A backup electrical generator is a great option if financially feasible, but a UPS system will still be necessary in order to handle the transfer from the power grid to the generator. Remember that the generator will require at least a few seconds to start; in that period, the IT systems will need some kind of power source to keep them going.
If a generator is installed, maintenance is crucial. Generators need to be started a minimum of once per month-even more during severe cold weather conditions. A control system may be a smart investment for generator operators. This system can automatically start the generator periodically, monitor its operating statistics (like oil pressure, etc.), and even sound an alarm if something isn’t right. These systems are not cheap, but they are another way to ensure the reliability of mission critical systems.
Fire suppression is another special requirement for IT centers. If that space has a water sprinkler system, it is only a matter of time before the equipment inside is destroyed. Water sprinkler systems will assuredly destroy IT equipment when triggered, so a non-water fire suppression system is essential in these areas.
There are many non-water fire suppression systems on the market, but facility professionals should select one that uses a clean agent. This means the system will extinguish the fire using a gas that does not leave any residue inside the IT equipment. Some chemical systems leave behind chemical residue that can short out electronic circuits or clog up air circulation and cause overheating.
Security and access control are also areas that have special requirements in server rooms. This is especially true today, when a single act of vandalism can cause extreme disruption of business. Most organizations require special access control in these areas, and many employ biometric devices in addition to other systems in the facility. Security cameras in the area are also highly recommended as a deterrent as well as an investigative tool.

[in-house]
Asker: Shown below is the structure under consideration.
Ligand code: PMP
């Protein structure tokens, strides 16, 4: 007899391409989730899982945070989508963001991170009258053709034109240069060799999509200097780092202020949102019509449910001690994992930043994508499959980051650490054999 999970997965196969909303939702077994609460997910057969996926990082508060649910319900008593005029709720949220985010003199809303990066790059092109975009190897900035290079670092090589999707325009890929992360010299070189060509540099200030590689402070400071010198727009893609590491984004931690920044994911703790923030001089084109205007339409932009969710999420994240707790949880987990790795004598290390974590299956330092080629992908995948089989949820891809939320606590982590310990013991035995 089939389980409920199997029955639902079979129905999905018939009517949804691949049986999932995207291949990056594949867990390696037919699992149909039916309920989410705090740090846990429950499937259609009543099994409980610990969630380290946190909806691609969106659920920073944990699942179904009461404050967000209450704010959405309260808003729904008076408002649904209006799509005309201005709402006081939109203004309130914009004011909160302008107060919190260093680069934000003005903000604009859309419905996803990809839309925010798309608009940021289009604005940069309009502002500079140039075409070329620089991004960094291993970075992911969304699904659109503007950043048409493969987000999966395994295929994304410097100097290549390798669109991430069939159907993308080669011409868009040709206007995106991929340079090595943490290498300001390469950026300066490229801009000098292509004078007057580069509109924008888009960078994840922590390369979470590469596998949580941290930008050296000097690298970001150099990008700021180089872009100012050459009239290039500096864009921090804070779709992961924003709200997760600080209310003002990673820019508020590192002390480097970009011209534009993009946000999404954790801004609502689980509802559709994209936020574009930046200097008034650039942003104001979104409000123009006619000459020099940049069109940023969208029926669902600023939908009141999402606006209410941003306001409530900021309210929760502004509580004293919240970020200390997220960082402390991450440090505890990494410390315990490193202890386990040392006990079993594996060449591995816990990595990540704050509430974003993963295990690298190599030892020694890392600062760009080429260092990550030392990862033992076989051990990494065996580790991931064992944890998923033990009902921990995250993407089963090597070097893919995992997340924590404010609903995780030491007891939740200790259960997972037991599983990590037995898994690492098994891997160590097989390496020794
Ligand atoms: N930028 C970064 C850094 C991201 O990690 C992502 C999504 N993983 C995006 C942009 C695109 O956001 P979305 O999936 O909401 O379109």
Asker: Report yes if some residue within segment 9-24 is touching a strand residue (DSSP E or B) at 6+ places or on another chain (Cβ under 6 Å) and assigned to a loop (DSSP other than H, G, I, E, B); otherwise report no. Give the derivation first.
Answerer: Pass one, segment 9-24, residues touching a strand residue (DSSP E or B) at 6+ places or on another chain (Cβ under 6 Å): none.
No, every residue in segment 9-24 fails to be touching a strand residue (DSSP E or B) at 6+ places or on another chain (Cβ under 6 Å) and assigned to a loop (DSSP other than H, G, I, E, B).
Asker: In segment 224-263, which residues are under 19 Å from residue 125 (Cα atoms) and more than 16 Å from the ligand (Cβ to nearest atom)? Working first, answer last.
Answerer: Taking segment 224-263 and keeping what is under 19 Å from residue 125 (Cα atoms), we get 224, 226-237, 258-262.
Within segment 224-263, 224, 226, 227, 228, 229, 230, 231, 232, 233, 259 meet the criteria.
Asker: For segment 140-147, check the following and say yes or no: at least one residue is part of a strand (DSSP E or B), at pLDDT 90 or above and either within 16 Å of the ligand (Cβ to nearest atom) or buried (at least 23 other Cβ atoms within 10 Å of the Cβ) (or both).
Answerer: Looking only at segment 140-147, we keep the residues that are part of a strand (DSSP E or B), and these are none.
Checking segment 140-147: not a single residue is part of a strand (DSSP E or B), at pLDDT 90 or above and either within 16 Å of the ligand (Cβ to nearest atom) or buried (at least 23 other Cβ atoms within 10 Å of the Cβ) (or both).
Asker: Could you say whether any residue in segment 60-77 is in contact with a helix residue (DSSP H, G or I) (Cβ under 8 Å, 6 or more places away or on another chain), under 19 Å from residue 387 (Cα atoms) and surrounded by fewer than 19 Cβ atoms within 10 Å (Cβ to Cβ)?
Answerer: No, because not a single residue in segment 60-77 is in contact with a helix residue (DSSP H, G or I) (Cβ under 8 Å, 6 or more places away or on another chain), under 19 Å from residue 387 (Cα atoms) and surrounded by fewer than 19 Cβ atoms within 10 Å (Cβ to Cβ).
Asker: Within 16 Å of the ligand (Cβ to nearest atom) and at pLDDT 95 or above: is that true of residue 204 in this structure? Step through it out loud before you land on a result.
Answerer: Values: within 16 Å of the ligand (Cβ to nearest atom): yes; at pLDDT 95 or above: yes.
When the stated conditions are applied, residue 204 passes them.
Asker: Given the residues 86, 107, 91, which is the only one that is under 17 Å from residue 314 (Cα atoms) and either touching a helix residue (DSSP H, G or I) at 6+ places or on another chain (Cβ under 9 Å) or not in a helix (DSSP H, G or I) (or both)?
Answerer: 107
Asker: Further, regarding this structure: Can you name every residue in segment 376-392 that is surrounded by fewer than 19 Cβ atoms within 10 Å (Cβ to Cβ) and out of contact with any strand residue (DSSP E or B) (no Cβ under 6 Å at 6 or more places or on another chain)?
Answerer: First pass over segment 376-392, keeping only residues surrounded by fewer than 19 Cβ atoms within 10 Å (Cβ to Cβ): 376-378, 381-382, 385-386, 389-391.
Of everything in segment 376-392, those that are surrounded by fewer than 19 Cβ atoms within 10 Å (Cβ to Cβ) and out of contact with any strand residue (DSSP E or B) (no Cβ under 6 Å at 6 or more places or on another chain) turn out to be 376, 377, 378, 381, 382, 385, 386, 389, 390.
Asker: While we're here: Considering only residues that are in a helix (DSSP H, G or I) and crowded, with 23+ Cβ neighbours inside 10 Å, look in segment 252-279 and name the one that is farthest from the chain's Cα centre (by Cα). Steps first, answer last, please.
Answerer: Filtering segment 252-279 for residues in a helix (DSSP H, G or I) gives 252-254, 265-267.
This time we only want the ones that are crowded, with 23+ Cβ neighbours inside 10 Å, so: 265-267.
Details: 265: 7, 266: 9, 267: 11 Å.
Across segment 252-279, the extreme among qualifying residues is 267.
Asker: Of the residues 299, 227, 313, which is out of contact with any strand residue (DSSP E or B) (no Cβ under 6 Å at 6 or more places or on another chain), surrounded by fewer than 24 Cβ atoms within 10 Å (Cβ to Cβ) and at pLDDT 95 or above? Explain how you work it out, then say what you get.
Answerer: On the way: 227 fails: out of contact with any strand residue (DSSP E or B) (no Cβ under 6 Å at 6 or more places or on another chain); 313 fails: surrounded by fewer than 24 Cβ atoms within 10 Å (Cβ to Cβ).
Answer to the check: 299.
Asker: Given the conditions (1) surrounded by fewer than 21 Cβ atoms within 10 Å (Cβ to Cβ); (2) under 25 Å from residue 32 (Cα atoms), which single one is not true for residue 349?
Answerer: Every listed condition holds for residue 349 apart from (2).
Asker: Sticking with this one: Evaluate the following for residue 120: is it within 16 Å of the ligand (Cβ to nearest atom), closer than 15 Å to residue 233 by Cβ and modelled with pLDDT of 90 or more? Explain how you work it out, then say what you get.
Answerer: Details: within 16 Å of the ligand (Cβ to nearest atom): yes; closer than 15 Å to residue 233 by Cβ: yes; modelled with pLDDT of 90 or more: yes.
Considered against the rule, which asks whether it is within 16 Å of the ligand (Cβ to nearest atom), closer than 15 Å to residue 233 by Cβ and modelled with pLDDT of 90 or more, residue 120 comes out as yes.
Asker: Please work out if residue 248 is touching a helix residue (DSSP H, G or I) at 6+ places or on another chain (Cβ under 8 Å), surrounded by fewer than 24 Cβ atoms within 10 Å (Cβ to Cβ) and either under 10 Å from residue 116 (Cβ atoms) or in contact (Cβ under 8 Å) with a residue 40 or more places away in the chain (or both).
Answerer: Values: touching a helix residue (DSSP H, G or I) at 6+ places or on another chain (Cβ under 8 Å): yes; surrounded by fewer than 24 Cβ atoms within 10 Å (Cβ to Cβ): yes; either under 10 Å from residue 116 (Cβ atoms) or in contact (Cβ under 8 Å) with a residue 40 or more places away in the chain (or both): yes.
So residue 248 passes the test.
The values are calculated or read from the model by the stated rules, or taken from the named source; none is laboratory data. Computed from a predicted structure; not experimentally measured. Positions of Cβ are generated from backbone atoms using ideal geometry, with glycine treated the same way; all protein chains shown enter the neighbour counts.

The final piece of the IT protection puzzle is disaster planning. Is there a plan to relocate equipment and/or data if disaster should strike? Is there another space with enough power and HVAC capacity to serve as a backup data center? Disaster recovery plans can range from amazingly simple (“we’ll move all the equipment to the other end of the facility”) to the extreme. (I know of several organizations that actually have fully redundant mobile IT rooms inside semi-truck trailers!)
Data centers are definitely “special needs” spaces that must be understood by facility executives. There was once a time when these server rooms were relatively rare, but those days are gone. Building systems are rapidly converging on IT systems. Access control, security cameras, building automation, telephones (Voice Over Internet Protocol), and other systems are all now operating on computer servers and networks. This means that the average facility now requires far more IT equipment, and, therefore, far more IT space.
Condon, a Facility Technologist and former facility manager, is a contributing author for BOMI Institute’s revised Technologies in Facility Managementtextbook. He works for System Development Integration, a Chicago, IL-based firm committed to improving the performance, quality, andreliability of client business through technology.